There’s not a lot of difference in how the Cherries set up at the Vitality Stadium or on the road. They play about 13% of their passes long and attempt marginally more crosses at home, though the rate is still low by the standards of other teams. Under O’Neil, they sit in a fairly low block and try to break up opposition attempts to pass through them, then spring on the break, moving the ball out wide; they are the team that focuses play the most on the flanks, particularly the left. Their attempts at creating from open play have been rather limited.
In terms of chance generation, Bournemouth register the lowest number of shots per game (7.6) and share of possession (38.3%). They rank bottom in key passes per 90 minutes from crosses, corners, through balls and free kicks. In fact, throughout O’Neil’s period in charge, the team’s Expected Goals (xG) has only exceeded 1.0 twice and their total across ten league games sits at a measly 7.8, though they’ve actually scored 13. Everton’s attack has been anaemic this season, but they have still managed more than an xG of 1.0 in half their league outings.
The main threat for Bournemouth is Solanke, who is enjoying good form under O’Neil. His xG per 90 minutes is 0.18 and he’s scored three goals so far this campaign, as well as providing three assists. The former Liverpool man uses clever movement, working hard to create space for his teammates.
Billing is another enjoying life under the interim boss. He is contributing offensively, with four goals (though only with an xG per 90 of 0.07, so he’s overperforming), but is a factor defensively, leading the team with 2.59 tackles won per match.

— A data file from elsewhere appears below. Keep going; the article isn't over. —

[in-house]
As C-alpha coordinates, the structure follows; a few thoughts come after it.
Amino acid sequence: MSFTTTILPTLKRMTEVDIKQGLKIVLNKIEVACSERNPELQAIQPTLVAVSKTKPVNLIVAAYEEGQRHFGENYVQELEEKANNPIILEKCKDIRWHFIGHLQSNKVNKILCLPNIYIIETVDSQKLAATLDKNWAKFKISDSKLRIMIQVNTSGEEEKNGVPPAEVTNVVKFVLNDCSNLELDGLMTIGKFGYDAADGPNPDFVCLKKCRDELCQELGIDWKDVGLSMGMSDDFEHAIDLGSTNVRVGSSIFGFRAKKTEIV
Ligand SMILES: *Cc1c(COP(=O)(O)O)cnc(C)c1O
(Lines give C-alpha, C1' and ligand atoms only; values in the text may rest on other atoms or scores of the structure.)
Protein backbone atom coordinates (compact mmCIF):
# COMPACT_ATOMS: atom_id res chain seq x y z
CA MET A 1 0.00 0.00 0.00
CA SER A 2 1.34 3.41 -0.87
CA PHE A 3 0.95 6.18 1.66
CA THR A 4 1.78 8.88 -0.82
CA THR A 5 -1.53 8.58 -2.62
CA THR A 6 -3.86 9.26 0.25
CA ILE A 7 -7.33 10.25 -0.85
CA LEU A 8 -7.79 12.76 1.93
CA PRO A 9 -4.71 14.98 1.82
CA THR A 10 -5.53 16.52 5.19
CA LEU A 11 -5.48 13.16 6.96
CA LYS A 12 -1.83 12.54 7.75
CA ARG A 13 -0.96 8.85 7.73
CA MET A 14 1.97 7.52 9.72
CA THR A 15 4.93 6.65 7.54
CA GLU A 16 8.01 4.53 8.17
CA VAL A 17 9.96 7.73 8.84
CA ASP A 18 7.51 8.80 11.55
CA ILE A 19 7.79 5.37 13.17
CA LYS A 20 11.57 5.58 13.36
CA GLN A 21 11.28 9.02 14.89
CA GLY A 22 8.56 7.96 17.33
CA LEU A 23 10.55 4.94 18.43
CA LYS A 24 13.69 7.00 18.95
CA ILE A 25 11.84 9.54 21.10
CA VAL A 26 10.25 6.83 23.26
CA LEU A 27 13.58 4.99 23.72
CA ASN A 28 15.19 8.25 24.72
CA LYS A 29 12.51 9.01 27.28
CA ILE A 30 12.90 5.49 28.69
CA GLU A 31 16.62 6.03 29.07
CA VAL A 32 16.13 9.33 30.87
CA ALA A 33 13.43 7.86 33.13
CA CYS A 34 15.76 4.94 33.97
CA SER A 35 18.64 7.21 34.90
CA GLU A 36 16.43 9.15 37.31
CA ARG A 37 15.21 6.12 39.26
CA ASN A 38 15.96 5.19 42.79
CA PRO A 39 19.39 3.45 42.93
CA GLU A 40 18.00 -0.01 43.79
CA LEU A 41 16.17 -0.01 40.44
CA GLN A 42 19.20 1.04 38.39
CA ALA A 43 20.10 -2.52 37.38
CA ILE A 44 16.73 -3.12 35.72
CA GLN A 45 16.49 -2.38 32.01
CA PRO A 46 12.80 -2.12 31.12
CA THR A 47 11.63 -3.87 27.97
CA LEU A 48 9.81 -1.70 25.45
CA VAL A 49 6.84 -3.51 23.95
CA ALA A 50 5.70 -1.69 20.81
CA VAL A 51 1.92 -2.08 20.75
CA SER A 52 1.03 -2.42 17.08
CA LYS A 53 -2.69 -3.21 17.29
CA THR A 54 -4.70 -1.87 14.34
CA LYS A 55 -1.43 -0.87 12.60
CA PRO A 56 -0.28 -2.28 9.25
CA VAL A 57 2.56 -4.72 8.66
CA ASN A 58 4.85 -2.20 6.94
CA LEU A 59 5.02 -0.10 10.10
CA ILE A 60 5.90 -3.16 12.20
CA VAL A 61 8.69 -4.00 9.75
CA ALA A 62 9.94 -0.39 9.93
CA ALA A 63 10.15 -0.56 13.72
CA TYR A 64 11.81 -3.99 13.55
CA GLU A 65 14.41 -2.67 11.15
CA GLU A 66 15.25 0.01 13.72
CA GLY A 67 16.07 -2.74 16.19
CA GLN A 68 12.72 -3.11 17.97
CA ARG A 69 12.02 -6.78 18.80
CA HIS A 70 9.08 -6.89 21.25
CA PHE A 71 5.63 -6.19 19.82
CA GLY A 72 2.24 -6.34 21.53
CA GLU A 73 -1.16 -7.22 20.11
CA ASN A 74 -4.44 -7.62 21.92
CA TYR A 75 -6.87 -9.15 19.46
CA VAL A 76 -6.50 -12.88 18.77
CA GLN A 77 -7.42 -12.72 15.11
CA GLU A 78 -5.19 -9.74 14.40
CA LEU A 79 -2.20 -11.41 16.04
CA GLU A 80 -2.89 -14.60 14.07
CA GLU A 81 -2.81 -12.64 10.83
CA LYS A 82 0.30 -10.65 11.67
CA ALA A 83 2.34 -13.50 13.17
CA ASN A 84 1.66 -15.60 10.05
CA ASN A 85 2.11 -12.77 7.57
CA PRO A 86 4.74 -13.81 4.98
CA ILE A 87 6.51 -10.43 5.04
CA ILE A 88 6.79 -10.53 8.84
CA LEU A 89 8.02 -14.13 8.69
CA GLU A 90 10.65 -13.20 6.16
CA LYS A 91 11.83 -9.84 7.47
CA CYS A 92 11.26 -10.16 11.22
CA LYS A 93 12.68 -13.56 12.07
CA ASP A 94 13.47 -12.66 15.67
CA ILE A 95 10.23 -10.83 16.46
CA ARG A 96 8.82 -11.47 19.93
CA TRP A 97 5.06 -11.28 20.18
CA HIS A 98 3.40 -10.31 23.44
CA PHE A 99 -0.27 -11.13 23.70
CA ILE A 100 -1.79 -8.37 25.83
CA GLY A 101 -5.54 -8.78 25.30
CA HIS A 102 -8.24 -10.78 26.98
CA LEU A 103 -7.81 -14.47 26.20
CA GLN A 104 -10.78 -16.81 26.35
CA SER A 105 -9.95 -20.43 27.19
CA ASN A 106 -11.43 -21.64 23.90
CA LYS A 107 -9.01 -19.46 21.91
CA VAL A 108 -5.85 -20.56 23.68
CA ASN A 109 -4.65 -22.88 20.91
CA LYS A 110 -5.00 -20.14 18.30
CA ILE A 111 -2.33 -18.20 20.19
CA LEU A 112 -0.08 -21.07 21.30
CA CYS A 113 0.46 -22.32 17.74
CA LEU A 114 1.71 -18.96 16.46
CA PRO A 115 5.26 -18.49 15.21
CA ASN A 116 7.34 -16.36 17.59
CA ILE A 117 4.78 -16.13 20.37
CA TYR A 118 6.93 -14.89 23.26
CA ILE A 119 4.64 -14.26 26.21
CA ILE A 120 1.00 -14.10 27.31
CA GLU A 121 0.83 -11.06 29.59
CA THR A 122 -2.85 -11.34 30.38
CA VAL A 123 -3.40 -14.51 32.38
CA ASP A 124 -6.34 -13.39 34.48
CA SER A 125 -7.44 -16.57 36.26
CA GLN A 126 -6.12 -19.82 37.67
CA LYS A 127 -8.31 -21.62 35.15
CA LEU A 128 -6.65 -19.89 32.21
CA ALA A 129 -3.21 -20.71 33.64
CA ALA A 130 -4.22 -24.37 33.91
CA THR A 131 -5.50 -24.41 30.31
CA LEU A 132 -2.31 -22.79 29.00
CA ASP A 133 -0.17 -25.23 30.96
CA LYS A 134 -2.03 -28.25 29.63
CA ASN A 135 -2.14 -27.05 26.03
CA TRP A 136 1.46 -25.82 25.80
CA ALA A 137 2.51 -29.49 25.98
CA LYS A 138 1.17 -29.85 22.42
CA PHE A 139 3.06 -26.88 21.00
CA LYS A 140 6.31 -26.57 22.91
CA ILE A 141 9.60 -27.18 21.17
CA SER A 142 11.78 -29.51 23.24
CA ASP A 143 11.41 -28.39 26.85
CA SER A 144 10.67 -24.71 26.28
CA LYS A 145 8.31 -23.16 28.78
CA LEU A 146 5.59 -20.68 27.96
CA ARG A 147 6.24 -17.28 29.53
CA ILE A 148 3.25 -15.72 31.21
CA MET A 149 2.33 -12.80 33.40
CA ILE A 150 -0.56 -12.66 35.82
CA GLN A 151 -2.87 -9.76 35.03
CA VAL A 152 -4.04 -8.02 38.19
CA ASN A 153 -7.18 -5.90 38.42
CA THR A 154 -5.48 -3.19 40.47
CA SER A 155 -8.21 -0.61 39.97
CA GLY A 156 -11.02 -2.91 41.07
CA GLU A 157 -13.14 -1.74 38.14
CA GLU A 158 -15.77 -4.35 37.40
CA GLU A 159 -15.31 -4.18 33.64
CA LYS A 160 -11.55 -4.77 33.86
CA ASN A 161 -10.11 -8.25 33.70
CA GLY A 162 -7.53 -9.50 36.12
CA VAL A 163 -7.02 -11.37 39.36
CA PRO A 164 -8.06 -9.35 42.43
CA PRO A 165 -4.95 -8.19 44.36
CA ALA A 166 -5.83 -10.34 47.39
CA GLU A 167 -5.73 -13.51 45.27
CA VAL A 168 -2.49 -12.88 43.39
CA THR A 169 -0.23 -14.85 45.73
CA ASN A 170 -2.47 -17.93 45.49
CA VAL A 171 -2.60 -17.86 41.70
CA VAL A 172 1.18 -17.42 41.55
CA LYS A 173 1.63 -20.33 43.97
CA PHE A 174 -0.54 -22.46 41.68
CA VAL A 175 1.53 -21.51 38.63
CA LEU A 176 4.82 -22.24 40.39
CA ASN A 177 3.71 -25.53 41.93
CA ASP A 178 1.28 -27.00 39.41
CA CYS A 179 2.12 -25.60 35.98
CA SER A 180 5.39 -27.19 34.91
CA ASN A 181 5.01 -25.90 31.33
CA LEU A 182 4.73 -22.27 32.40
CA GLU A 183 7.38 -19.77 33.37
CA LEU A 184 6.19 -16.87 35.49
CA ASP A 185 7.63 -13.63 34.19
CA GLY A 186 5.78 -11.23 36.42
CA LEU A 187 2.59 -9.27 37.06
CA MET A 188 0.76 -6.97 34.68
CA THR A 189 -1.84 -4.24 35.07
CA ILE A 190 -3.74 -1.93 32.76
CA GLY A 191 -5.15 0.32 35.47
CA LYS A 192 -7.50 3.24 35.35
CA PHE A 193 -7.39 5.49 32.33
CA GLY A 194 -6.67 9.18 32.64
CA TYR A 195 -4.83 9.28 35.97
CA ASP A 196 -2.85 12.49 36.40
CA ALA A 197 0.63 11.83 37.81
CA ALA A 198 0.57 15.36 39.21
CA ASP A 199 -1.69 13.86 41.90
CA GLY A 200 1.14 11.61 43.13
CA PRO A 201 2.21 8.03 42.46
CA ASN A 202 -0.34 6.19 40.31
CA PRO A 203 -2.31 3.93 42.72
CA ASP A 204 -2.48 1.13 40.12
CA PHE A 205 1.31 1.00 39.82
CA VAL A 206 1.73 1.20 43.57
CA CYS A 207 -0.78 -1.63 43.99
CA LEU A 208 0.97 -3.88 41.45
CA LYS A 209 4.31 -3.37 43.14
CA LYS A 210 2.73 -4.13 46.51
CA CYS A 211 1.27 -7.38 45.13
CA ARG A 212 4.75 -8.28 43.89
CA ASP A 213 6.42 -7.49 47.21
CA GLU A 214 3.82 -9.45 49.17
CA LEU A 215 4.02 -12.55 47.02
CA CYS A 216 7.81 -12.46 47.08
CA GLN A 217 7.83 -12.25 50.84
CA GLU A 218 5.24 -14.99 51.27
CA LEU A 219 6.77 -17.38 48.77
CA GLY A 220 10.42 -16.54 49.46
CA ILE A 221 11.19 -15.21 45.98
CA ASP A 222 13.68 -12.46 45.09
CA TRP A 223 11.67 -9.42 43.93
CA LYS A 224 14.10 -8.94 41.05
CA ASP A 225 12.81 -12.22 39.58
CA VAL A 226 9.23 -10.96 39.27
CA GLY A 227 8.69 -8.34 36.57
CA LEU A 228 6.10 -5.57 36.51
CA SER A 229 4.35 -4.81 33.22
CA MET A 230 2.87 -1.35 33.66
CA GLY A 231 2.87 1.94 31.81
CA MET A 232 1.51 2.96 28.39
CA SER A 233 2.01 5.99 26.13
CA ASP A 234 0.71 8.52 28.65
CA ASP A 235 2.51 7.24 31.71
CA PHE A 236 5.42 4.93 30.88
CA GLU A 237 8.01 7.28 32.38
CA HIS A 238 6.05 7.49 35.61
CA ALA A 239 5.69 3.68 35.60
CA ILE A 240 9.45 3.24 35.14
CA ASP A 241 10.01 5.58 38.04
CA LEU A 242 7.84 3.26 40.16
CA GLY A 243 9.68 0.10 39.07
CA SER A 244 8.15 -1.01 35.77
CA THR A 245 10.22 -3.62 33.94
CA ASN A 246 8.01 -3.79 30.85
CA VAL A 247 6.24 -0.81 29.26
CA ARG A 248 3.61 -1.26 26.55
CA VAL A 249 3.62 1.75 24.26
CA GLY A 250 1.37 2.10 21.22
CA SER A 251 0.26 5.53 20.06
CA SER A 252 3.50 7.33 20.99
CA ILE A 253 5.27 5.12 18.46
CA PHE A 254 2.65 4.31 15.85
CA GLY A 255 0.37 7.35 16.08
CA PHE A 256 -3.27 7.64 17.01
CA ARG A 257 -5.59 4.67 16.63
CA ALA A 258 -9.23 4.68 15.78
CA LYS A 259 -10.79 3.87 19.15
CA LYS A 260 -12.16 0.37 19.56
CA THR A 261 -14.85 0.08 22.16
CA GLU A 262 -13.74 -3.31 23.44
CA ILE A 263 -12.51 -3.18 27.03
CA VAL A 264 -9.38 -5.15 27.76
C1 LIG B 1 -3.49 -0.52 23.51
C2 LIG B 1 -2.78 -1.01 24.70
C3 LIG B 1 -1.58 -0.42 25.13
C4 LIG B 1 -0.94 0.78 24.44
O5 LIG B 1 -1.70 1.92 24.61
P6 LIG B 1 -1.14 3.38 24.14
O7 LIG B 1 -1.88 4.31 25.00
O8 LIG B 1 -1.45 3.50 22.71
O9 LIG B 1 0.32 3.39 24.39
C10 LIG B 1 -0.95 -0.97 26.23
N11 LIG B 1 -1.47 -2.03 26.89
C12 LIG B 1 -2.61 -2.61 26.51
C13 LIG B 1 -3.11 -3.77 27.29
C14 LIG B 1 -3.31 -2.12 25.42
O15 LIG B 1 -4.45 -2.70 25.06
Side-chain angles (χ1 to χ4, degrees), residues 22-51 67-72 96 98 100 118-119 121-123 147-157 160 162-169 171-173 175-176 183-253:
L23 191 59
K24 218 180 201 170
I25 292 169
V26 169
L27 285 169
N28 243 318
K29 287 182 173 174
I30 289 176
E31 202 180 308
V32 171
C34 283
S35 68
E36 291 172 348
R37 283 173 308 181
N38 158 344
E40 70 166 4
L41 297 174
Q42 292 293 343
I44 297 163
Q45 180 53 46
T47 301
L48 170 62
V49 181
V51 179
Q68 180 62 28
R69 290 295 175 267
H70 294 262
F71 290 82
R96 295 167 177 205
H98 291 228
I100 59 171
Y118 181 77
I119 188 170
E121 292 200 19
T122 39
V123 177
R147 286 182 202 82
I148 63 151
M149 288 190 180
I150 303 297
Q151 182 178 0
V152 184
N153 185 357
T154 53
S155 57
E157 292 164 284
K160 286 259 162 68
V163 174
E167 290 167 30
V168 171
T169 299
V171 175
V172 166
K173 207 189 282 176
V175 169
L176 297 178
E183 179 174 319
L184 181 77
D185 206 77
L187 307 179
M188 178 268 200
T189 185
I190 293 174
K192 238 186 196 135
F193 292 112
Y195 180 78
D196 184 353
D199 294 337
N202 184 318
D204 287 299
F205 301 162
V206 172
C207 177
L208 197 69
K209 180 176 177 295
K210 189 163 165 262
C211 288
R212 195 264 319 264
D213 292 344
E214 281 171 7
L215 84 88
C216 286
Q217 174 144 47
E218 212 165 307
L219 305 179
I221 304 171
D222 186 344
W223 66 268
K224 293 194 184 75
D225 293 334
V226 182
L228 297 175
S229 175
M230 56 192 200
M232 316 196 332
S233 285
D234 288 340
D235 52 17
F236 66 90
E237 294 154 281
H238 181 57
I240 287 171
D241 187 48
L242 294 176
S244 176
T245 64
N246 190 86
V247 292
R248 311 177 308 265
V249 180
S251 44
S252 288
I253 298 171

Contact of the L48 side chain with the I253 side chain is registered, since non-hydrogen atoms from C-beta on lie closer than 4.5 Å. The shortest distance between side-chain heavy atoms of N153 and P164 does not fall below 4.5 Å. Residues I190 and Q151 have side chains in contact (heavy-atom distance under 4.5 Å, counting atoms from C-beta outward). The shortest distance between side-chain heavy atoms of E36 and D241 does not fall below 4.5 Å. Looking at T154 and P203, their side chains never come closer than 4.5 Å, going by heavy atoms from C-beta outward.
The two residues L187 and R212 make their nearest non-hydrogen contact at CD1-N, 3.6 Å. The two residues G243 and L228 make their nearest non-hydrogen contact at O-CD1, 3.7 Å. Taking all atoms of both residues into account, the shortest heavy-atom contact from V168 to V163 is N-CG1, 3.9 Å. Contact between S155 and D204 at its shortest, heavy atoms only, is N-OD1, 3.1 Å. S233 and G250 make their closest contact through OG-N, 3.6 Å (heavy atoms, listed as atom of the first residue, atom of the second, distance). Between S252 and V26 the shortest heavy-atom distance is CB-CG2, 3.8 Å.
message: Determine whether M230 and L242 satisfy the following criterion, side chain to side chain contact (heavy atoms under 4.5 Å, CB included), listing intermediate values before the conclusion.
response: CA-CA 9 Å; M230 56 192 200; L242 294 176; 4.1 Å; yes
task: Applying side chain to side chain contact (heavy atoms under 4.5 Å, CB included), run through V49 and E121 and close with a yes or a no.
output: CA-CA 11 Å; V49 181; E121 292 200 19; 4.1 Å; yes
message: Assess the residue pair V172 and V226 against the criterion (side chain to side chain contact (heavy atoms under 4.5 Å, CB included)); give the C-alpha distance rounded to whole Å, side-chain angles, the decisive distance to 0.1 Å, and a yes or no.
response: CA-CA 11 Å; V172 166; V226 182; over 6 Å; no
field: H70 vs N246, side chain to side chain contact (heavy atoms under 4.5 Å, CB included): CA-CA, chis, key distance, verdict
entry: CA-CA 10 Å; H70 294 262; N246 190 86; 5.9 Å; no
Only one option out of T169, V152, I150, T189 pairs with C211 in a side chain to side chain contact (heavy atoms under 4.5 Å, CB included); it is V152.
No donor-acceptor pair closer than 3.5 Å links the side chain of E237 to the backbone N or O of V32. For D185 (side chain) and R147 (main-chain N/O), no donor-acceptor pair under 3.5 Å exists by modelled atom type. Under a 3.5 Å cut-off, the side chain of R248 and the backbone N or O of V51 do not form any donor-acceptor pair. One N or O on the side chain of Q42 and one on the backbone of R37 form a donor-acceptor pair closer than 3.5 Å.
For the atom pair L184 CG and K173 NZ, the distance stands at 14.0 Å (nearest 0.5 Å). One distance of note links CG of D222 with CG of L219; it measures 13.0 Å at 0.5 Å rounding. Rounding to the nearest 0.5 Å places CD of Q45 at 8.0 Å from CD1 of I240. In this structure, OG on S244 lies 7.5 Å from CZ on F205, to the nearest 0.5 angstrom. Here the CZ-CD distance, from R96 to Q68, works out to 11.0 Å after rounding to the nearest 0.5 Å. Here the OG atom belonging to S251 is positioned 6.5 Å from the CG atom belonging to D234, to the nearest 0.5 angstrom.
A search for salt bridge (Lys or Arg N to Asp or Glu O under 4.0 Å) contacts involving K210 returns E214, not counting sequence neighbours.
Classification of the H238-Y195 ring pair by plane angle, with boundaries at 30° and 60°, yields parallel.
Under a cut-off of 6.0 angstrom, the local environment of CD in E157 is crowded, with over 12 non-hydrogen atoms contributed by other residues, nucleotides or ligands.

Tavernier and Ryan Christie, operating off the flanks are responsible for much of Bournemouth’s chance creation, the players averaging 2.31 and 2.66 Shot-Creating Actions (SCA) per 90 respectively.
Bournemouth do not actually offer much of a threat in general play, relying more on forcing errors from the opposition and capitalising on such instances at a rate that isn’t really sustainable over a season. They’ve scored 5.2 goals more than could be expected from the chances created, during O’Neil’s tenure.
Although the home side will line up with almost completely different personnel to those they fielded on Tuesday night, their approach was consistent and of the four goals they scored, two were of Everton’s own making and a third a fluke deflected shot that looped over Asmir Begovic. They will likely mix sitting back and inviting the Blues on, looking to take advantage of sloppy play and occasionally pushing up and pressing the defence, as we saw midweek.
Lampard will be without the services of primary striker Dominic Calvert-Lewin, so hitting crosses into the box, or playing it long will be counterproductive. The team should look to keep the ball on on the ground, constructing attacks with clever play and movement; not something we’ve seen a lot of, although the recent Crystal Palace game showed they can do it. They must attempt to patiently break down Bournemouth, involving the wide players linking up with playmaker Alex Iwobi and Neal Maupay, who will likely start up top. The midfield cannot become overcommitted to the press, or push forward aimlessly.
The Cherries have only won one of five home games in the league under O’Neil, losing their last two against Southampton and Tottenham Hotpspur. If the Blues do not play into their hands with unforced errors, or being caught in possession, they can secure all three points.